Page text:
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Patching and Building SSH

For our last benchmark we used the package SSH, versions 1.2.18 through version 1.2.31 to represent the compile and edit cycle. Thus the system is able to train on the initial version but needs to perform on subsequently modified versions of the source code. This benchmark represents our largest workload in that it consists of over 44,000 read events. However, a good percentage of these requests are already satisfied from the I/O caches. Here again we see results similar to those of the Gnu ld and Glimpse benchmarks. Total elapsed time was reduced by 11%, total I/O latency was reduced by 84% and read latencies were reduced by 70%.

We created the SSH benchmark to represent a typical compile and edit process. It addresses the concern that our other three benchmarks were being tested on a repeating sequence of the same patterns that it was trained on. This benchmark consists of compiling version 1.2.18 of the SSH package. Then the code base is patched to become 1.2.19 and recompiled. This process is iterated until version 1.2.31 is built. The result is a benchmark that provides a set of access patterns that change in a manner typical of a common software package. Our models are trained on three compiles of version 1.2.18. We test predictive prefetching on a workload that patches the source to the next version and then compiles the new source code. This patching and build is repeated through the building of version 1.2.31. Because we are changing the source code with the various patches the patterns that result from the building represent a more realistic sequence of changing access patterns. This benchmark represents a case where our model may learn from the first build but will have to apply its predictions to a changing workload.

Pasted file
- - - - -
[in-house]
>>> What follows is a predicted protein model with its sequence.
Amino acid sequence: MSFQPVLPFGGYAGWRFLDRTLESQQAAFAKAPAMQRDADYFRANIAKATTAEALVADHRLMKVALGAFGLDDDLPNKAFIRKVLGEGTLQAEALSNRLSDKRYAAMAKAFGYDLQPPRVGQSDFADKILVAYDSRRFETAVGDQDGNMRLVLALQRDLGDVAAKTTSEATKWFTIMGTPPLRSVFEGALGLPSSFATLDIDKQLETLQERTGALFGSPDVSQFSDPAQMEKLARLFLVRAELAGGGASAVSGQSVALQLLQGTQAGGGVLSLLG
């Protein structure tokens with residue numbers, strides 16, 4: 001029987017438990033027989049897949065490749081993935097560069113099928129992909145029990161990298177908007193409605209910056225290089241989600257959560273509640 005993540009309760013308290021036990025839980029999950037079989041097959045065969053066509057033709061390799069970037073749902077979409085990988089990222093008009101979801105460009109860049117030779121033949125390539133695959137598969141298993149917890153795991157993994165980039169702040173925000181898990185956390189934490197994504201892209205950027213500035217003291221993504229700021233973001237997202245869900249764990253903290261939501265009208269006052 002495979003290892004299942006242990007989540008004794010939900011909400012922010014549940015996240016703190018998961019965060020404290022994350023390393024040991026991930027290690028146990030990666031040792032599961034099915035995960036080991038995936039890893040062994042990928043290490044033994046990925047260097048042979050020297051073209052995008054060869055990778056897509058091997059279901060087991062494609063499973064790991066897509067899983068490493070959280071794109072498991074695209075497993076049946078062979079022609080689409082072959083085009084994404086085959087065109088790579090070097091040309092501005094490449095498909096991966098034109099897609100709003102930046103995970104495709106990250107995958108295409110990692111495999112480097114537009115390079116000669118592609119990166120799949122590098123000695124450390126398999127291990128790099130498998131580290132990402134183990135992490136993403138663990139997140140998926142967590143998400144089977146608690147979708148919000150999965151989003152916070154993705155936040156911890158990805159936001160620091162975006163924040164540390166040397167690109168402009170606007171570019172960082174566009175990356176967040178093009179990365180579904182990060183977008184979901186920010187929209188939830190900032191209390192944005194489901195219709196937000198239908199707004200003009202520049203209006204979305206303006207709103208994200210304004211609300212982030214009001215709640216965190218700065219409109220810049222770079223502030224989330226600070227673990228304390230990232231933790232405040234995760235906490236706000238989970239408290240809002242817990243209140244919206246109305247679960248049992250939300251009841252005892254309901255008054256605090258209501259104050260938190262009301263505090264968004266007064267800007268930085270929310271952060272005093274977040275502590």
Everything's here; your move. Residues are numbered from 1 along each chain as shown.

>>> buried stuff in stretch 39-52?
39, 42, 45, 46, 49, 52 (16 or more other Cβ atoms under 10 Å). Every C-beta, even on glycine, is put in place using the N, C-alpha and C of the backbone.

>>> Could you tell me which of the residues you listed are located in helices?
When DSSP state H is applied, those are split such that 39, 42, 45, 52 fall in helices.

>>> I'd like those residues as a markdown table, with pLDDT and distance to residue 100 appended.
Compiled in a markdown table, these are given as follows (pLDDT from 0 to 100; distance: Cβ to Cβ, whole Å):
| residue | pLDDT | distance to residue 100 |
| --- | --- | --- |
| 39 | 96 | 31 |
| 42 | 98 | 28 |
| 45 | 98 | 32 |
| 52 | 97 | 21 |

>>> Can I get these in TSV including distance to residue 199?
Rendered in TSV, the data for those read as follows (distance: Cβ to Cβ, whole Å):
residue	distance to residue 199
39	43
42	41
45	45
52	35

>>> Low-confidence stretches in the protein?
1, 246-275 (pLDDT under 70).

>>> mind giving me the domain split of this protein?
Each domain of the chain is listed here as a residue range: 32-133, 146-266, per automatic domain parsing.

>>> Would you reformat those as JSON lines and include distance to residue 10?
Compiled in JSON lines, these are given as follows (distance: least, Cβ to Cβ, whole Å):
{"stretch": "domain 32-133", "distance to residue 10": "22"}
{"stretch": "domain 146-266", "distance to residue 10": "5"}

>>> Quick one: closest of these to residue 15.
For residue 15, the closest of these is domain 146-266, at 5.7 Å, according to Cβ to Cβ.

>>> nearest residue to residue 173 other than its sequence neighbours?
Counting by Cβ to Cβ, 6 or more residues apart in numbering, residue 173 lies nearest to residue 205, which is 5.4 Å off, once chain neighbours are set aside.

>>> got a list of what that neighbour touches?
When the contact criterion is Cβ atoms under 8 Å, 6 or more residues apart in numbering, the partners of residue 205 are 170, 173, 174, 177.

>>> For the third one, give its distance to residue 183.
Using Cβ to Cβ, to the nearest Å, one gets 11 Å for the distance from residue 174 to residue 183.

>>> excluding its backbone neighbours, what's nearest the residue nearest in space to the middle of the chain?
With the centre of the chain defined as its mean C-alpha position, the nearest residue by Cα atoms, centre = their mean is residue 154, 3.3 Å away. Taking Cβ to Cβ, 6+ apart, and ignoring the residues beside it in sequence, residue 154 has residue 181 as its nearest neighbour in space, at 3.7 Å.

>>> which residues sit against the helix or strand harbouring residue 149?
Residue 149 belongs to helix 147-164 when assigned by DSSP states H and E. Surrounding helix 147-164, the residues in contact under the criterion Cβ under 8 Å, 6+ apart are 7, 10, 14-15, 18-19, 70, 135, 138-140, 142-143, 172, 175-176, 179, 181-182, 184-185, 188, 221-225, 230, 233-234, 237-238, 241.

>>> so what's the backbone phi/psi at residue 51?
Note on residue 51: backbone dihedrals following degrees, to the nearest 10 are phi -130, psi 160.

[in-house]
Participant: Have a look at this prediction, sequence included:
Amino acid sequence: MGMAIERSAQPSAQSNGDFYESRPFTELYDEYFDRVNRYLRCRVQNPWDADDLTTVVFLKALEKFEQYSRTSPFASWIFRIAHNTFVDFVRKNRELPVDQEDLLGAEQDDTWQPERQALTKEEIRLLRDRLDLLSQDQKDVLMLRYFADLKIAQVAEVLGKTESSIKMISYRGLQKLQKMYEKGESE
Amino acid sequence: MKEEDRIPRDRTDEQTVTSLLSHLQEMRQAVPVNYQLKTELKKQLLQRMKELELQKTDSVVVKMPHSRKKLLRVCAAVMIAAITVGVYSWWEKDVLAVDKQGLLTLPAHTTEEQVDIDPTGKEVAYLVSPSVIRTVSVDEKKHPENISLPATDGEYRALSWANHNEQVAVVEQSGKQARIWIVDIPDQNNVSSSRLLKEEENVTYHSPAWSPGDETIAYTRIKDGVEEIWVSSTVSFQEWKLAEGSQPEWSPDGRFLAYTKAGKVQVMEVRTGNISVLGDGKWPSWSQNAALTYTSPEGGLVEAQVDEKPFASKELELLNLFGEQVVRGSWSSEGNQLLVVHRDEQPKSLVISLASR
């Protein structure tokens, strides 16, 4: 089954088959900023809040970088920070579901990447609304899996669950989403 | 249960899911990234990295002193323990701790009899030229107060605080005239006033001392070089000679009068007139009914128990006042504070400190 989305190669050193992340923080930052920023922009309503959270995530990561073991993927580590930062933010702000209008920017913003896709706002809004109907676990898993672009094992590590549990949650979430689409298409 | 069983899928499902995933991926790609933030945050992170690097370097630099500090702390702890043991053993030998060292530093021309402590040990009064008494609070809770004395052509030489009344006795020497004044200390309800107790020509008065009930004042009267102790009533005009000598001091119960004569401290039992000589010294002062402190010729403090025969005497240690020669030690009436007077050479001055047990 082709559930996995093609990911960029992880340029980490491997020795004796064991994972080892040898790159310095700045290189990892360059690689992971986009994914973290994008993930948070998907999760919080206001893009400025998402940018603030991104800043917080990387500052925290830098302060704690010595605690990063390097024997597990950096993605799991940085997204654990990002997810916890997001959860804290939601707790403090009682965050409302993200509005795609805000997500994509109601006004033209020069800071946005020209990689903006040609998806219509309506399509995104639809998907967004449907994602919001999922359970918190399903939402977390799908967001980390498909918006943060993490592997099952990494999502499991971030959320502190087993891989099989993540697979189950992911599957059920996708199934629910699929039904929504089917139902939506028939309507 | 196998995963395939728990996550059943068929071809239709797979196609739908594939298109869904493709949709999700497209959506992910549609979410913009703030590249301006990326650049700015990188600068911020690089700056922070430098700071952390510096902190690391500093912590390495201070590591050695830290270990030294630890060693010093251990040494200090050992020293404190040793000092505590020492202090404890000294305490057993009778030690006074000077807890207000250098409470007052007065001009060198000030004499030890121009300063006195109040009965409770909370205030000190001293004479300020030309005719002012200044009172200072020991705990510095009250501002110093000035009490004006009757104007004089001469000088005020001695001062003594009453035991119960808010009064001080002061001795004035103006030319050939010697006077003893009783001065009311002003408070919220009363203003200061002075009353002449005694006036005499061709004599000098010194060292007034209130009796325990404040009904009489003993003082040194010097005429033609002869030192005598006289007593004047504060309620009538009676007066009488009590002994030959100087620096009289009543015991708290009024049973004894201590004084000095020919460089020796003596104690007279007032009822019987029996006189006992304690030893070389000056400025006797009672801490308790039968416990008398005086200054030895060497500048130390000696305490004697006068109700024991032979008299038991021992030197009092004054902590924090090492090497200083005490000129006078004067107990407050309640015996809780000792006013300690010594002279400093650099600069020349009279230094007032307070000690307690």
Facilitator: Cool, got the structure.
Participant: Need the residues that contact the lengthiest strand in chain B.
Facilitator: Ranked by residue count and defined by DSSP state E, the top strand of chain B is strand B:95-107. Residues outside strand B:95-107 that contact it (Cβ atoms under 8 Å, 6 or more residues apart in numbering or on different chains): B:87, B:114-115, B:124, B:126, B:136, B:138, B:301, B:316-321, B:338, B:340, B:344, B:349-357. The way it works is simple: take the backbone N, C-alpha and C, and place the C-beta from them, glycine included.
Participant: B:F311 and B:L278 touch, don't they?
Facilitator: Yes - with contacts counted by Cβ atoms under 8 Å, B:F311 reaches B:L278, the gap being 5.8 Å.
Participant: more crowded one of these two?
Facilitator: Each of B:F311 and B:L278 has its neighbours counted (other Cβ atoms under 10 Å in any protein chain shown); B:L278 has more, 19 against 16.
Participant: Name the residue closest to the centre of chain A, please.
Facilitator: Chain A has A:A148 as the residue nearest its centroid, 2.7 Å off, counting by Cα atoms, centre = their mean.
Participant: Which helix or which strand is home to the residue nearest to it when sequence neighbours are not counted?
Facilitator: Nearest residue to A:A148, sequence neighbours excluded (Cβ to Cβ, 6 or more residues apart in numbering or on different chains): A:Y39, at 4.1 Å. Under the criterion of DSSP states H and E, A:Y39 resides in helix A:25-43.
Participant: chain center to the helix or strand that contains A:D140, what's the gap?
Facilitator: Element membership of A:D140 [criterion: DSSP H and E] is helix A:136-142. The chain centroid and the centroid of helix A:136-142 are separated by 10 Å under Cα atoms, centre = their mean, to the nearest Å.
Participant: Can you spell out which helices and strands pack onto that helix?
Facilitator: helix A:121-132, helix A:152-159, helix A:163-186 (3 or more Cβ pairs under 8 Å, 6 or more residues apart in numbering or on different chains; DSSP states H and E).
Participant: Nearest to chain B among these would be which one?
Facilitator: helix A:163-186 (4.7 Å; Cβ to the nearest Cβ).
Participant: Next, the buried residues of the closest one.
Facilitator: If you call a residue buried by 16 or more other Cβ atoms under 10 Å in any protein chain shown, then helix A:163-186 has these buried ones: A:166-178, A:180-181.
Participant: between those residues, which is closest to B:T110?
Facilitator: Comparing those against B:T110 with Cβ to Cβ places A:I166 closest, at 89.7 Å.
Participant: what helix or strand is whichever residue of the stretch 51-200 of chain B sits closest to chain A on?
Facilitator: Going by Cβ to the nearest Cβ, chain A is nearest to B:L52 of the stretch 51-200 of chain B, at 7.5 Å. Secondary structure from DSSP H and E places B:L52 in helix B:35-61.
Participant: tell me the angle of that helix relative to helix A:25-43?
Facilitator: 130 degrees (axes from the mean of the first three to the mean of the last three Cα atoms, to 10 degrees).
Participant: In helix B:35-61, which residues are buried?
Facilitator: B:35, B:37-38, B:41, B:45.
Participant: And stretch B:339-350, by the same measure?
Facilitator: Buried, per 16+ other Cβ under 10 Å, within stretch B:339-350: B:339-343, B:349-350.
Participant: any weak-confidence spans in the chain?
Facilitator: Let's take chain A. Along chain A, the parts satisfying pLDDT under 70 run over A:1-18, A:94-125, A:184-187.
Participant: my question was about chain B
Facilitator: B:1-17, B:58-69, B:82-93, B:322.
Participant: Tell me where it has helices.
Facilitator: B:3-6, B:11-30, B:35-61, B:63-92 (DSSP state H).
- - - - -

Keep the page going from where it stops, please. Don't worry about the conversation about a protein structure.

Tables 7 and 8 show the summary statistics for our SSH benchmark's workload. This workload has a CPU utilization of 89%. We observed a miss ratio of 0.12. The workload here represents that of a compile, edit and recompile process.

Table: Workload time summary for the SSH benchmark. Elapsed times are in seconds, all other times are in microseconds. Numbers in italics represent 90% confidence intervals.
Test Elap. 90% Compute 90% Read 90%
Cold 302.0 1.13 263.6 .82 2813 19.92
Hot 268.4 1.03 262.8 0.04 861 2.19

Table: Read event count summary for the SSH benchmark. Counts are the number of events that fell in that category averaged across the last 20 runs of the each test.
Test calls hits partial misses
Cold 44805 29552 13971 11282
Hot 44805 40839 13966 0

Figure 11 shows the results for our SSH benchmark. These results are consistent with those for our three previous benchmarks. Total elapsed time is reduced by 11%, while the I/O latency has been reduced by 84% and read latency has been reduced by 70%.

Figure: Reductions in elapsed times and read latencies for the SSH benchmark with the last successor, PCM, EPCM and hot cache tests. Bars marked with P and E represent PCM and EPCM tests respectively. Partition sizes (ps) and model order (mo) are labeled as ps/mo.
\subfigure[Elapsed Time Reduction]{
\epsfig{figure=graphs/ssh.e... Reduction]{
\epsfig{figure=graphs/,height=1.8in} }

next up previous
Next: Training with Multiple Patterns Up: Evaluating Predictive Prefetching Previous: Glimpse Indexing
Tom M. Kroeger